With the Grey’s Anatomy midseason premiere around the corner, Ellen Pompeo can’t help but reflect on her journey the last 15 seasons — and what’s in store for Dr. Meredith Grey’s future on the medical drama.
“Obviously I never anticipated the show still being the No. 1 show on the network,” Pompeo, 49, exclusively told PEOPLE. “How do you walk away from a hit? The fans will dictate when the show ends. As much as we think we’re in control, we’re not. It’s the fans’ show at this point. They control how long the show goes. We’ll see. I kind of just take it year by year and see.”
Last week, ABC ordered three more episodes of Grey’s for the 2018-19 season, bringing the total order to 25 — and leaving fans in a frenzy. Could this be the end? Or could there be a major tragedy brewing?
“The extra episodes was not at my request,” showrunner Krista Vernoff told PEOPLE. “It makes me laugh that people think, ‘Oh Krista wanted to add extra episodes so she could kill somebody.’” She continued, “The extra episodes are because the ABC schedule allowed for extra episodes and because our numbers are so strong across all platforms. We just have a lot of stories we want to tell this season.”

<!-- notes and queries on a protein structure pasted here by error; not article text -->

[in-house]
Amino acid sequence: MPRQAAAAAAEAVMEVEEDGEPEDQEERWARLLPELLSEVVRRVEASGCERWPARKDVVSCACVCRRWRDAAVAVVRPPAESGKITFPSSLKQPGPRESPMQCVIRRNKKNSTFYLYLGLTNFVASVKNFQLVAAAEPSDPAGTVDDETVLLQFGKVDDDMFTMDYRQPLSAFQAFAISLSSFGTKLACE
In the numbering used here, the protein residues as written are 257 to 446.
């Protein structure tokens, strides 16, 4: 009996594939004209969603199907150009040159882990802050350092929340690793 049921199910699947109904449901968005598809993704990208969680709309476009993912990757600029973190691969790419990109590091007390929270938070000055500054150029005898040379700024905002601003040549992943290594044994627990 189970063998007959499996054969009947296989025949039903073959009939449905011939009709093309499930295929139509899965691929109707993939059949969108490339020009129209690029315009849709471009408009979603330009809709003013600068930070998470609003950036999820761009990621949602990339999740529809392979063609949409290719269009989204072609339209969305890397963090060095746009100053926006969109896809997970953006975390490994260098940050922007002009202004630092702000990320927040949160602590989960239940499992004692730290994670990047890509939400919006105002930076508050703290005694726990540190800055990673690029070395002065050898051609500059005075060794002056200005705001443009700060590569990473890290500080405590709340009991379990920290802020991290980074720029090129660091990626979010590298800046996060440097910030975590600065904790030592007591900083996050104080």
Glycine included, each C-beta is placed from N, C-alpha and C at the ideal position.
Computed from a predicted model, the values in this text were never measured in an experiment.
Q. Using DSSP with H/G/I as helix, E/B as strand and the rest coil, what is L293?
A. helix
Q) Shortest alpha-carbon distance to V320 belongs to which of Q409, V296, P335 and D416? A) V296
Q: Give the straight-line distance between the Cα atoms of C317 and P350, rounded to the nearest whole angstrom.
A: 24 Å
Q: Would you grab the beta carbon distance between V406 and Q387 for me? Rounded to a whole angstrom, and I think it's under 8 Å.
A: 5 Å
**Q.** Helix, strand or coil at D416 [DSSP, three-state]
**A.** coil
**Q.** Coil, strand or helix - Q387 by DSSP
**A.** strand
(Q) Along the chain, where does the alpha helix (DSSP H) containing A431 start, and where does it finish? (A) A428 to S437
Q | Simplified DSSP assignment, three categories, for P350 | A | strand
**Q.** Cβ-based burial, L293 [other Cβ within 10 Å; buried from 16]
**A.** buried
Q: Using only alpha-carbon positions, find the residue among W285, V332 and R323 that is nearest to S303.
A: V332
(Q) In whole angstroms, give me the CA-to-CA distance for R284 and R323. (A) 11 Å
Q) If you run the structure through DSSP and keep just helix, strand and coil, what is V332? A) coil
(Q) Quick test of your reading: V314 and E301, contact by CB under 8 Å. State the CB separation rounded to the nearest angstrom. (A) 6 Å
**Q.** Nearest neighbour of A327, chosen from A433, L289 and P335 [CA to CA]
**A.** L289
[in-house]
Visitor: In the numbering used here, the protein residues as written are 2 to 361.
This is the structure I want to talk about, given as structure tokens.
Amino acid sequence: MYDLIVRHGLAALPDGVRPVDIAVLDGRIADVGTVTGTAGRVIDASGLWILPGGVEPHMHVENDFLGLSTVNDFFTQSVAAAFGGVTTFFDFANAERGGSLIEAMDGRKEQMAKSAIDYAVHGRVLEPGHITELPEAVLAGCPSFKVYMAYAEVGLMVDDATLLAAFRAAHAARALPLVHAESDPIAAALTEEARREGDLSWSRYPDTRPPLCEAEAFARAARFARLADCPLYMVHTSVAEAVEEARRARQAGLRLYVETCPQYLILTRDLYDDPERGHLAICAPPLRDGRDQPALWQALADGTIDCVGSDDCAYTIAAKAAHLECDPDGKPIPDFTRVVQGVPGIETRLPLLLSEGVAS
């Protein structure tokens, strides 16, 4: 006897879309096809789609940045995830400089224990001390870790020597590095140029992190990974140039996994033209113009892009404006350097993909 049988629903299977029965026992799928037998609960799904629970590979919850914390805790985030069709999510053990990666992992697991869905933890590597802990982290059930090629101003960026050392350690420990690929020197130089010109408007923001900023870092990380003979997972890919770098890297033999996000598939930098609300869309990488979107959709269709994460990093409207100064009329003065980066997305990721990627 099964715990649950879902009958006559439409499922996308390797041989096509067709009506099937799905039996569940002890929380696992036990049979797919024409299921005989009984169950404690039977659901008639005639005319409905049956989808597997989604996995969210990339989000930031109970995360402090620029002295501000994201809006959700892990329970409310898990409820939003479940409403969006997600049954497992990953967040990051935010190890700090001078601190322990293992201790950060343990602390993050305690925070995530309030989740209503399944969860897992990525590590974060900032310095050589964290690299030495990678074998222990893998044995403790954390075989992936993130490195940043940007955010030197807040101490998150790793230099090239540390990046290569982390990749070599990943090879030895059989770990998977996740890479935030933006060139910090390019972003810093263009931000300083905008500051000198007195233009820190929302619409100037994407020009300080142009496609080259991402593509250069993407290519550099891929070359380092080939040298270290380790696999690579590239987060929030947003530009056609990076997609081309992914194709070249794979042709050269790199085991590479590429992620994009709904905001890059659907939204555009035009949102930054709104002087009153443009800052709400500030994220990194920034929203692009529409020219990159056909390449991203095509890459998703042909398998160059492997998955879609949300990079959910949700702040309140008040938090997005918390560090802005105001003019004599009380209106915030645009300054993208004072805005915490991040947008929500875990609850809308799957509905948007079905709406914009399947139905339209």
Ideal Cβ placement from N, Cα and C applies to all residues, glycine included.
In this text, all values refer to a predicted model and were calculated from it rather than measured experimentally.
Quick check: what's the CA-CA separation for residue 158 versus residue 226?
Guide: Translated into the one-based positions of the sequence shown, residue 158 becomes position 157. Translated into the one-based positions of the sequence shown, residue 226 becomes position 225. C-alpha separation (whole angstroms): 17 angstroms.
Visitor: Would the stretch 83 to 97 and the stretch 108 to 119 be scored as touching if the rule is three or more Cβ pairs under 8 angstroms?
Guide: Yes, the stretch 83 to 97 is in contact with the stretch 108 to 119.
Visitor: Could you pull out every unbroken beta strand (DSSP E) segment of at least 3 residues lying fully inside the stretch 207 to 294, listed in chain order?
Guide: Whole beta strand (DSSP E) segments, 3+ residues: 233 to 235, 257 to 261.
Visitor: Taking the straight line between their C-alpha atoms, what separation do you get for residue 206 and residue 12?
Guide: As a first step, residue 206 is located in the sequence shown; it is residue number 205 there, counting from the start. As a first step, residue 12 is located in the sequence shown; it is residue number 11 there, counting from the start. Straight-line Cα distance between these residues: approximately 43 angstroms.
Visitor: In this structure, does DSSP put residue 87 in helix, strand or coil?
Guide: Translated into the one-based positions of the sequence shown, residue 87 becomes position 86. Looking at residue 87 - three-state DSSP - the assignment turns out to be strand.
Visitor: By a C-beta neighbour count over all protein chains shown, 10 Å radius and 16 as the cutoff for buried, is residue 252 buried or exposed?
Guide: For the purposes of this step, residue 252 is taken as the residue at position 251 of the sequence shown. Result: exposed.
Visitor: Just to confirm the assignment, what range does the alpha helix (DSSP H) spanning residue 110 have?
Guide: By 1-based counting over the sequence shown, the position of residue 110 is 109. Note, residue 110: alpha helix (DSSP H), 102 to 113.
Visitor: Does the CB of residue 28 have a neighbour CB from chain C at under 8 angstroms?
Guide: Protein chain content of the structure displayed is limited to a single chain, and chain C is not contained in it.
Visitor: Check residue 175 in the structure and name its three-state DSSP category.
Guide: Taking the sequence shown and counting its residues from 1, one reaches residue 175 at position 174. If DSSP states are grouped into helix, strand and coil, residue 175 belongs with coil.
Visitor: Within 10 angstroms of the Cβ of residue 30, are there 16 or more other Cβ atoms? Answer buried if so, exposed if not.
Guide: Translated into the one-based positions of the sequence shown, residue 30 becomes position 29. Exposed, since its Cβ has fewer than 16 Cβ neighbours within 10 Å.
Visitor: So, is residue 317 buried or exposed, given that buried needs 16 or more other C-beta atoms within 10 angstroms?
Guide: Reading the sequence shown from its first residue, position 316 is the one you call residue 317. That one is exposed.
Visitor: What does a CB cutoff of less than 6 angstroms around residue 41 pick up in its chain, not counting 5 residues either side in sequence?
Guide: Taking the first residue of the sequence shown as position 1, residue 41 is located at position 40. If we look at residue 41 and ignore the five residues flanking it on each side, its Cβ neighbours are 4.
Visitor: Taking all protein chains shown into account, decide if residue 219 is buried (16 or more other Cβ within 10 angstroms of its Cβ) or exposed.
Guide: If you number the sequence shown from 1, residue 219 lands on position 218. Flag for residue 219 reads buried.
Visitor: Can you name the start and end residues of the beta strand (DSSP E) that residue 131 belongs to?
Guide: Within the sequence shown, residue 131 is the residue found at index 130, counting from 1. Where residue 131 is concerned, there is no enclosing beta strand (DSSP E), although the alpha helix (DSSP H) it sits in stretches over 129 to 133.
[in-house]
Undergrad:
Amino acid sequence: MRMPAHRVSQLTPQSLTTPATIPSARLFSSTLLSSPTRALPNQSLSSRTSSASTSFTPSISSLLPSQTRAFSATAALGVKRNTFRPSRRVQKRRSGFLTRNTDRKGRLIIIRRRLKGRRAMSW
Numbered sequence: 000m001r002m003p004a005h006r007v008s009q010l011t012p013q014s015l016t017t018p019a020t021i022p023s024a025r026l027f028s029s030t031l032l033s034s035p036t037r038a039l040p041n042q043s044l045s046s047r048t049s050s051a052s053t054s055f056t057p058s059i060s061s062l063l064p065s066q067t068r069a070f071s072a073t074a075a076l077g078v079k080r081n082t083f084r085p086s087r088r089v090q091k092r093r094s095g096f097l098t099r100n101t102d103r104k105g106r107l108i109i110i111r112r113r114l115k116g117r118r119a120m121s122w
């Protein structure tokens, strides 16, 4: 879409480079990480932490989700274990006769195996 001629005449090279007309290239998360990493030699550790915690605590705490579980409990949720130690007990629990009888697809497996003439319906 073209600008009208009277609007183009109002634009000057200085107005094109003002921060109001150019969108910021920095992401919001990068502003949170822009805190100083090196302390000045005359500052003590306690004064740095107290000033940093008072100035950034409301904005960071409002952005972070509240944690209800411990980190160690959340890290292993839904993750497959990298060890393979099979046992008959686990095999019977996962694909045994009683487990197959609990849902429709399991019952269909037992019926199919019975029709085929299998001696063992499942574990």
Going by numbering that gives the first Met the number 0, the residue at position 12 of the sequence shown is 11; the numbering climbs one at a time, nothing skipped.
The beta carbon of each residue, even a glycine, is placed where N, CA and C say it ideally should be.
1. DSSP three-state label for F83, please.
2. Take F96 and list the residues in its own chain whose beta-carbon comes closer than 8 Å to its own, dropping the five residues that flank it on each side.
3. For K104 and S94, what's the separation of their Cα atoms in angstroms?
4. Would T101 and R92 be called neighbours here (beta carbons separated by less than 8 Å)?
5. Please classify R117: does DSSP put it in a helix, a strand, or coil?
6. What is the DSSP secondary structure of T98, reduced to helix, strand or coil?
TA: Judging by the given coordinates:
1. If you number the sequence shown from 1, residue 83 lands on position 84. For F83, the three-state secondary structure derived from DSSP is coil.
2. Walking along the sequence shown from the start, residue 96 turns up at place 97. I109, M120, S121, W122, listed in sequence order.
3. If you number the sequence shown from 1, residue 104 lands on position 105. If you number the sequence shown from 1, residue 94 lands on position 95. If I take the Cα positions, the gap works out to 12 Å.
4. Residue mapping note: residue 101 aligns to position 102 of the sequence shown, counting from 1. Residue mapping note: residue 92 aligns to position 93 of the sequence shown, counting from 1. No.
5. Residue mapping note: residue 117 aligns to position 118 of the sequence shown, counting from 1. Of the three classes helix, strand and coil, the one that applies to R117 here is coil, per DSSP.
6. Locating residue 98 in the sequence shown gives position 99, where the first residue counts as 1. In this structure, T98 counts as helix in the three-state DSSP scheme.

Pompeo, who has starred as Dr. Meredith Grey since season 1 of Grey’s Anatomy first premiered in 2005, said her time on the show has “been so significant” to her personal and professional life.
“I think the biggest lesson is what something can be if you give it the chance to turn it around,” she said. “We had so much drama in the early days. The show was so strong and so solid and so amazing, then we had all these behind-the-scenes drama and then it would’ve been really easy to walk away and say, ‘I don’t want to deal with that anymore.’ I guess it’s a weird message, because I guess if you’re in a relationship that’s abusive, that’s something you should walk away from. How long do you stick with something that doesn’t make you feel good?” She continued, “But I’ve had the incredible experience to be able to turn this around and be the steerer of the ship and right all of our wrongs and get a do-over and get to change the environment and change the atmosphere. It was a conscious decision from Shonda [Rhimes] and I to continue to do this but do it differently. It’s been an evolution. That’s been the biggest lesson, growing up and getting older and coming into our power and feeling more comfortable with our power and our leadership, changing things that we thought we were powerless to change before, we now have the power to control and change our environment and make it the place we want it to be. It’s very satisfying.”